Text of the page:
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How to Repair Gaps in a Hardwood Floor?

  • Transcript

    RAY: My sister-in-law is a realtor and she deals with a lot of construction people.

    TOM: OK.

    RAY: A few years ago, we wanted to change our hardwood floor in our home, which was about 10 years old and it was a light wood. We wanted to go to a dark wood and we picked out a Brazilian hardwood or something like that and it was about $150 a box.

    And they delivered the wood to the home and well, my sister-in-law set us up with a contractor who wanted her to sell a house for him. And he was so happy if she would sell the house for him that she would get us an installer to install the hardwood floor for a crazy $1.75 a square foot. But he wasn’t really slapping them together very tightly and this was in the spring, in April or May, and he wasn’t really hitting the boards in very tightly. He was just giving them a little tap, little tap here.

    And I asked about that and he said, “Well, you have to have room for expansion.” Well, I don’t think that was correct. And although we have gaps in the summer, we really have gaps in the winter. Is there any way to repair this without having to tear up the entire floor?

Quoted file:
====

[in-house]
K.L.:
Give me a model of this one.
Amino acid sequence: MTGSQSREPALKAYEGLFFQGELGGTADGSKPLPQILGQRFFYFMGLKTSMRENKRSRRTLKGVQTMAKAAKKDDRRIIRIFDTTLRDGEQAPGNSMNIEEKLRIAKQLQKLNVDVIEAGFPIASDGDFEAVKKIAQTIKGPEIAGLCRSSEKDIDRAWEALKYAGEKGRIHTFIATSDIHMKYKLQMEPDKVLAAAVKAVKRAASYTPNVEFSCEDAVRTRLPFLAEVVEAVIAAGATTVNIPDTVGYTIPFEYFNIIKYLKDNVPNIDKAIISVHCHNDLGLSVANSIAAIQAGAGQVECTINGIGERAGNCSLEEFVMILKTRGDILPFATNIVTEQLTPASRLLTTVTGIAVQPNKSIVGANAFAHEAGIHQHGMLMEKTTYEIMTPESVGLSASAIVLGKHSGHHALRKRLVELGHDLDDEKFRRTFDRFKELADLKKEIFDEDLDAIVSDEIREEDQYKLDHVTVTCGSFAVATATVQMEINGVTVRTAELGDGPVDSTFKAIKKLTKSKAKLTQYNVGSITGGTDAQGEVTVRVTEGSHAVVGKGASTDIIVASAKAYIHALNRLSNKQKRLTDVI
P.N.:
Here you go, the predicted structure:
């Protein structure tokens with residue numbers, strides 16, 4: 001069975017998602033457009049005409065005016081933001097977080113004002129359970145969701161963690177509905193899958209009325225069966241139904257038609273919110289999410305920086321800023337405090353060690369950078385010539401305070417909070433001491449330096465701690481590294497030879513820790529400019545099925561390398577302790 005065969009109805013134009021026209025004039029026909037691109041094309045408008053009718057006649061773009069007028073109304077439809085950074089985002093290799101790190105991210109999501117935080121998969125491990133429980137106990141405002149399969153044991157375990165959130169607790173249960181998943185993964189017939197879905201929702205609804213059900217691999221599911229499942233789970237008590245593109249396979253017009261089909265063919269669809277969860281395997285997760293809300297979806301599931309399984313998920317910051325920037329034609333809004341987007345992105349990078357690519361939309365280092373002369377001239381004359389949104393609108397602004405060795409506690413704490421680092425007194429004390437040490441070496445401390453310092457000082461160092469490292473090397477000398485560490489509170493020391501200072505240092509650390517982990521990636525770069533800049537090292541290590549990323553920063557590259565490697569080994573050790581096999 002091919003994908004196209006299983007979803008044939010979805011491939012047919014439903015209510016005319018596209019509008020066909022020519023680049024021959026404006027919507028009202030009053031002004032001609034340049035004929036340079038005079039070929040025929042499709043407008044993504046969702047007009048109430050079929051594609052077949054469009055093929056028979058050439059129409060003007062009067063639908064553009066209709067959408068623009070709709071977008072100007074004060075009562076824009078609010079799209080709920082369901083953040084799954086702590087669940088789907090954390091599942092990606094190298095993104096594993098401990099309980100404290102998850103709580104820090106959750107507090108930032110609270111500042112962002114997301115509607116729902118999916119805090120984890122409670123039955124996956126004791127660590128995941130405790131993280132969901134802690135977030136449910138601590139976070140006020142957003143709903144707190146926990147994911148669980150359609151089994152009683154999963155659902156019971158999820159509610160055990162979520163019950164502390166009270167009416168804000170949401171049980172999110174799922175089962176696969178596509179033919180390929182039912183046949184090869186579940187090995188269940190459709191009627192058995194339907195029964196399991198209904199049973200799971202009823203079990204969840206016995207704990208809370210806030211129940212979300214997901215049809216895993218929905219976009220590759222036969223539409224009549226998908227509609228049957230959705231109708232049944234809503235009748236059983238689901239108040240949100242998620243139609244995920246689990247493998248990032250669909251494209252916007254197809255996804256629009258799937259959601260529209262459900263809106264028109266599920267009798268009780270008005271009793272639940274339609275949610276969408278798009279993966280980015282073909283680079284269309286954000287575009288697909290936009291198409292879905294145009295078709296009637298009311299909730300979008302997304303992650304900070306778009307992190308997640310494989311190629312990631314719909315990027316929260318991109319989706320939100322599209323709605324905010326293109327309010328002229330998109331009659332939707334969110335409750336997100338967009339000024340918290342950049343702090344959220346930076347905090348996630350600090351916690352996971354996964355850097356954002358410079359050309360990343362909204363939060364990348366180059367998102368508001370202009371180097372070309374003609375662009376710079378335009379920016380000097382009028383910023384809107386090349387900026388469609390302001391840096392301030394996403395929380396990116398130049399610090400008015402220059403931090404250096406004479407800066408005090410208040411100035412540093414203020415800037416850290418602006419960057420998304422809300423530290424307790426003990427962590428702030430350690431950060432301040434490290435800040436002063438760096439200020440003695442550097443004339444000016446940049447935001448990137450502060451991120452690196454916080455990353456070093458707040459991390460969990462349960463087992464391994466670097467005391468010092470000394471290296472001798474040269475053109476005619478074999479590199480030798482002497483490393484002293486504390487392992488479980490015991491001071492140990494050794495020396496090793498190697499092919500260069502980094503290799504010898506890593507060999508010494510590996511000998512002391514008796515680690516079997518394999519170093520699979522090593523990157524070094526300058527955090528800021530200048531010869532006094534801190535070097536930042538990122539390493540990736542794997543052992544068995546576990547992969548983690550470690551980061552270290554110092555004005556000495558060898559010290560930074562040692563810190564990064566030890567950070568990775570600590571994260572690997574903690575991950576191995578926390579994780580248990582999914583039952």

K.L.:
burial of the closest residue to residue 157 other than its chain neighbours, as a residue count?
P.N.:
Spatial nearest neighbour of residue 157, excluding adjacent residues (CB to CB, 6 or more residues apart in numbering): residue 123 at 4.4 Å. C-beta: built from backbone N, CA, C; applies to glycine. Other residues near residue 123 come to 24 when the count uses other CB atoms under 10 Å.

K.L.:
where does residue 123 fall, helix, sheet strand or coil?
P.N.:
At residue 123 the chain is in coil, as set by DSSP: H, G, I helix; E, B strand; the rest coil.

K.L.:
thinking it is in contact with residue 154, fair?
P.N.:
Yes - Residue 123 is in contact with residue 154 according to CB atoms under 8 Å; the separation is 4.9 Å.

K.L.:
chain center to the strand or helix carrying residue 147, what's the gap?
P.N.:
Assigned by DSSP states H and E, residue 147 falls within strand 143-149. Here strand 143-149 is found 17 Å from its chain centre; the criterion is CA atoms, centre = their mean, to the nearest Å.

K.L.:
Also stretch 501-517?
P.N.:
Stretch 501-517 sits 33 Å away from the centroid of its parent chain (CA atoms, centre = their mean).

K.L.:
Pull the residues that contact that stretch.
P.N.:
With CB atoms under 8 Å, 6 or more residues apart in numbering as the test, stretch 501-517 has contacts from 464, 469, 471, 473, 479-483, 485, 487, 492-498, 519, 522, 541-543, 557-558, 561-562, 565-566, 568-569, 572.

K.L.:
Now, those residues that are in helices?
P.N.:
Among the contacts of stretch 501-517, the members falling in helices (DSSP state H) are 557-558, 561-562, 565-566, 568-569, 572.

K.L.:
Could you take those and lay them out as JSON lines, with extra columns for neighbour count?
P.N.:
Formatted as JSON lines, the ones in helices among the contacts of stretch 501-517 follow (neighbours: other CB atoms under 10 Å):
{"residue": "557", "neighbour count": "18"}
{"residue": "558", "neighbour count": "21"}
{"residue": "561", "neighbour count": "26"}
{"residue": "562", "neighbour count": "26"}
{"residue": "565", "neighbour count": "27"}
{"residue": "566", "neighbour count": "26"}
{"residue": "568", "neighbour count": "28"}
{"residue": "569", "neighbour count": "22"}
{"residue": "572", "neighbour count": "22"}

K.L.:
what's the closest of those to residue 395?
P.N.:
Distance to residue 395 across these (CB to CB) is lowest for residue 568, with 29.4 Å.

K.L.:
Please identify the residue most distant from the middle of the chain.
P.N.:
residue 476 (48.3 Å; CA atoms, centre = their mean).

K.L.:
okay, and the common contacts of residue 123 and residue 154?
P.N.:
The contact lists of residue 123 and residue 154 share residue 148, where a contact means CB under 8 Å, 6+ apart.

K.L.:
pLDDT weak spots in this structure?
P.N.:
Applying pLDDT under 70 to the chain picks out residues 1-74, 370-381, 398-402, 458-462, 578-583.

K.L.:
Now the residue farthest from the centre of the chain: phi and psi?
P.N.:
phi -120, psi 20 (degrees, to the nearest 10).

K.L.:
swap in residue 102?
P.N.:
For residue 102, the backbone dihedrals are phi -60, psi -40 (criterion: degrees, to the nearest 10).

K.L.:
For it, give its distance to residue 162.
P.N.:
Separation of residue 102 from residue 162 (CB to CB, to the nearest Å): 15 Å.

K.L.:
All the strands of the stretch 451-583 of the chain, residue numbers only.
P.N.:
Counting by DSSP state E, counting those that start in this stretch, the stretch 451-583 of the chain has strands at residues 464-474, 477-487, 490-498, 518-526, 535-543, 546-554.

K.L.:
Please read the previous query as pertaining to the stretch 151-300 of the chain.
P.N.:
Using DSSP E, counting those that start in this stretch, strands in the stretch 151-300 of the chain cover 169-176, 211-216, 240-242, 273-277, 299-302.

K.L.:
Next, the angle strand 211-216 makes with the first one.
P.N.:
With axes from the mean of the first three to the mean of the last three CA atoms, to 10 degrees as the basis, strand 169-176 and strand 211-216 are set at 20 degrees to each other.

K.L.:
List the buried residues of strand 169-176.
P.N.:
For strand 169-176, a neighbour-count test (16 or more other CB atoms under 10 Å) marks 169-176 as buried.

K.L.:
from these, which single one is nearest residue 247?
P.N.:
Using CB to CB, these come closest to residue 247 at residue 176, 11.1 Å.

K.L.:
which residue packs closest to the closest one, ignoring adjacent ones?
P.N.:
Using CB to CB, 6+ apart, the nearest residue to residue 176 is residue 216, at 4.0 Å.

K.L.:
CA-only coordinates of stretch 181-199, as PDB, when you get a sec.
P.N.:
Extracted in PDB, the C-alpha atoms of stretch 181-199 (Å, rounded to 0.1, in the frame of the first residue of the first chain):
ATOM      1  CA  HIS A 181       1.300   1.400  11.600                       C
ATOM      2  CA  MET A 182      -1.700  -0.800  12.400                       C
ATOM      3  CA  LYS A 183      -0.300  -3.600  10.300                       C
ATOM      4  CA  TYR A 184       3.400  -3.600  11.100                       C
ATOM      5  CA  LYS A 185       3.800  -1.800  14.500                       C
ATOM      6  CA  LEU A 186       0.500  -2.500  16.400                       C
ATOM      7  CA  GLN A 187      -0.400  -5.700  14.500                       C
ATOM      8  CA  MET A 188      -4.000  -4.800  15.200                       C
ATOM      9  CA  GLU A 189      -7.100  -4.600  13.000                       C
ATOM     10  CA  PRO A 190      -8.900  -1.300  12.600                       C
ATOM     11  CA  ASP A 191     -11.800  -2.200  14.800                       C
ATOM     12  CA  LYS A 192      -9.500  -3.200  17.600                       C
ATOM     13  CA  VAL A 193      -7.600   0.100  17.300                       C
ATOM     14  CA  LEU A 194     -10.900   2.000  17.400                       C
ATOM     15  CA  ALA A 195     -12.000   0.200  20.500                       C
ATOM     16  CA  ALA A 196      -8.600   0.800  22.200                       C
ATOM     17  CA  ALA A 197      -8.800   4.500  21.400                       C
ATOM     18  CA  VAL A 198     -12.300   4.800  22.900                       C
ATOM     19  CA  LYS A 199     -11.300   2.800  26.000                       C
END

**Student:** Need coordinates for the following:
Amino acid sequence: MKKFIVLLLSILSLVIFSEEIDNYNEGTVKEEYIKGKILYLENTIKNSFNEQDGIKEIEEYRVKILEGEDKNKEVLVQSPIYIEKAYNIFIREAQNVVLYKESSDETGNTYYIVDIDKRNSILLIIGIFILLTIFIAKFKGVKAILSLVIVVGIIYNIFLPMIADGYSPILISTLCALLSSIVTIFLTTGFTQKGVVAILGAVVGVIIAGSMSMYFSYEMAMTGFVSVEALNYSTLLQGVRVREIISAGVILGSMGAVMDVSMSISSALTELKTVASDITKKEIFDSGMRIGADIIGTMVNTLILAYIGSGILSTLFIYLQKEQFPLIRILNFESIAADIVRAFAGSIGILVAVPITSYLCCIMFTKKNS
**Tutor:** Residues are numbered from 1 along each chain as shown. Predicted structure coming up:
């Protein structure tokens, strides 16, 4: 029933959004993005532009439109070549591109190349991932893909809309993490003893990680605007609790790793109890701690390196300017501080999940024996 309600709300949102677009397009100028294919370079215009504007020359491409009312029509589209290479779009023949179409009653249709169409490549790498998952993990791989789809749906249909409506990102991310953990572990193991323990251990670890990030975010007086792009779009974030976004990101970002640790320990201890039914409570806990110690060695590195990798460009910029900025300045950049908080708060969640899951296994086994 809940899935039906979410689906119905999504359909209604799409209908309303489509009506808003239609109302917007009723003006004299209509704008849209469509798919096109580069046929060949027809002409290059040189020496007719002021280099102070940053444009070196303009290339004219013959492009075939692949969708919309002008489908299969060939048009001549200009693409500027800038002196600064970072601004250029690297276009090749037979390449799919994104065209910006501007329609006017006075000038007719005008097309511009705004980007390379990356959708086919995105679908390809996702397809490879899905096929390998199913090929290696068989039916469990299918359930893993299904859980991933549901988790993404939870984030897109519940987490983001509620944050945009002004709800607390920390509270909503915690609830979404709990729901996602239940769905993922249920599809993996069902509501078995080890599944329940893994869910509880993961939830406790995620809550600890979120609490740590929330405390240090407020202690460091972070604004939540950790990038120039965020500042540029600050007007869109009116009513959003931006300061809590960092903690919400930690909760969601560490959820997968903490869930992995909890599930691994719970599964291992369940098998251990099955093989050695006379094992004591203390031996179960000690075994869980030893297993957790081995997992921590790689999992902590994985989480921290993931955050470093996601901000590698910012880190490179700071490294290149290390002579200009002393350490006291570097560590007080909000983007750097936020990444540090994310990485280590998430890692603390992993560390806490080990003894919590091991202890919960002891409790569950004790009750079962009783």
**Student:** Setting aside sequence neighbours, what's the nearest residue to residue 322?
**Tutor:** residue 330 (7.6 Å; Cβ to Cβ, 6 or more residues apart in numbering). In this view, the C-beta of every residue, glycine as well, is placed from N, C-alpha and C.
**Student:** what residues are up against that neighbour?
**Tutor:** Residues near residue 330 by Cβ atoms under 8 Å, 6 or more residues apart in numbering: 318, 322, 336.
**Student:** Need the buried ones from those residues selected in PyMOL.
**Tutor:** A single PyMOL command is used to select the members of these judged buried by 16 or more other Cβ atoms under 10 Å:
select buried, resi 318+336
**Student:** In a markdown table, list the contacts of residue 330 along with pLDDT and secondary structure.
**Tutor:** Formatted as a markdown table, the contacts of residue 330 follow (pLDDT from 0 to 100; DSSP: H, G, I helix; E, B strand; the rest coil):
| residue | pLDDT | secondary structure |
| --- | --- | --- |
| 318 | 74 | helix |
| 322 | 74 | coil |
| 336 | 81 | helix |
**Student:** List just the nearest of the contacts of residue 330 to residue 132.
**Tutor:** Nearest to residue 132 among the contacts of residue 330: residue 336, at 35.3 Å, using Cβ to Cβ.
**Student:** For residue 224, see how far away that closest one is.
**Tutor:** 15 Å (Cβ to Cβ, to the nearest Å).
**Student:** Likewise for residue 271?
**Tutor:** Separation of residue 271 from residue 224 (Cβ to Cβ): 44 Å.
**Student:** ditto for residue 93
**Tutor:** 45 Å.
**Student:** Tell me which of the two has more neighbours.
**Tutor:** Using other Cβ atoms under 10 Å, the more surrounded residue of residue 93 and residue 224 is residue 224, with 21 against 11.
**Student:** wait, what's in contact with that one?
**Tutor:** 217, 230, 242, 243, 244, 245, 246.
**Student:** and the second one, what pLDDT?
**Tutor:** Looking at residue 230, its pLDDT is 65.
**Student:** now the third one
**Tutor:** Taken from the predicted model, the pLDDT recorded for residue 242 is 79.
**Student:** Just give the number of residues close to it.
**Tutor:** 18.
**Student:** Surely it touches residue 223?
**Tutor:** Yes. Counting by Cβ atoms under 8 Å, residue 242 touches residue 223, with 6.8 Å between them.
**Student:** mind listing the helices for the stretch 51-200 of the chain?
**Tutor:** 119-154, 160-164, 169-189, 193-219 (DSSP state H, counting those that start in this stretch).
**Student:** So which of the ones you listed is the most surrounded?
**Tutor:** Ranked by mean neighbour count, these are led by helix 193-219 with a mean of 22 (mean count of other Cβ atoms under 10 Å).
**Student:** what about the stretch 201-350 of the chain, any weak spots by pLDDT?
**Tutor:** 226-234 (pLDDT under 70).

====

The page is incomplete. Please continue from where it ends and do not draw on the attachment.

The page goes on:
TOM: Well, hmm, not really. I mean look, if sometimes in a really old floor you get gaps in it, we would tell you to put jute in the space between the gaps. It looks like a burlap kind of cord is what it looks like. And you can put that in between the joints of the floor and then you can actually finish over top on it and it kind of – it helps to hide those gaps a bit. You can’t really fill them.

    RAY: Right.

    TOM: But to close them completely, you would have to take the floor apart and essentially reinstall it. Was this all nailed together or was this an engineered floor?

    RAY: It was all nailed together and it – we ended up having like three extra boxes. As I said, $150 a box.

    TOM: Yeah.

    RAY: And they refused to take it back because it was a one-time order or something like that.

    TOM: Yeah. You know what? Unless it’s noisy or coming up or something like that, I don’t think it’s a terrible problem to have those extra gaps. Maybe a bit of a cleaning issue but you could really chalk it up to charm. And frankly, Ray, you’re better off with the hardwood floor than without it, even though you’re not 100-percent satisfied with the way it’s come out.

    RAY: Right. Thanks. We got a great deal but it’s – unfortunately, a couple years down the line, it’s not such a great deal.

    TOM: Yeah, sometimes it works out that way. Ray, thanks so much for calling us at 888-MONEY-PIT.

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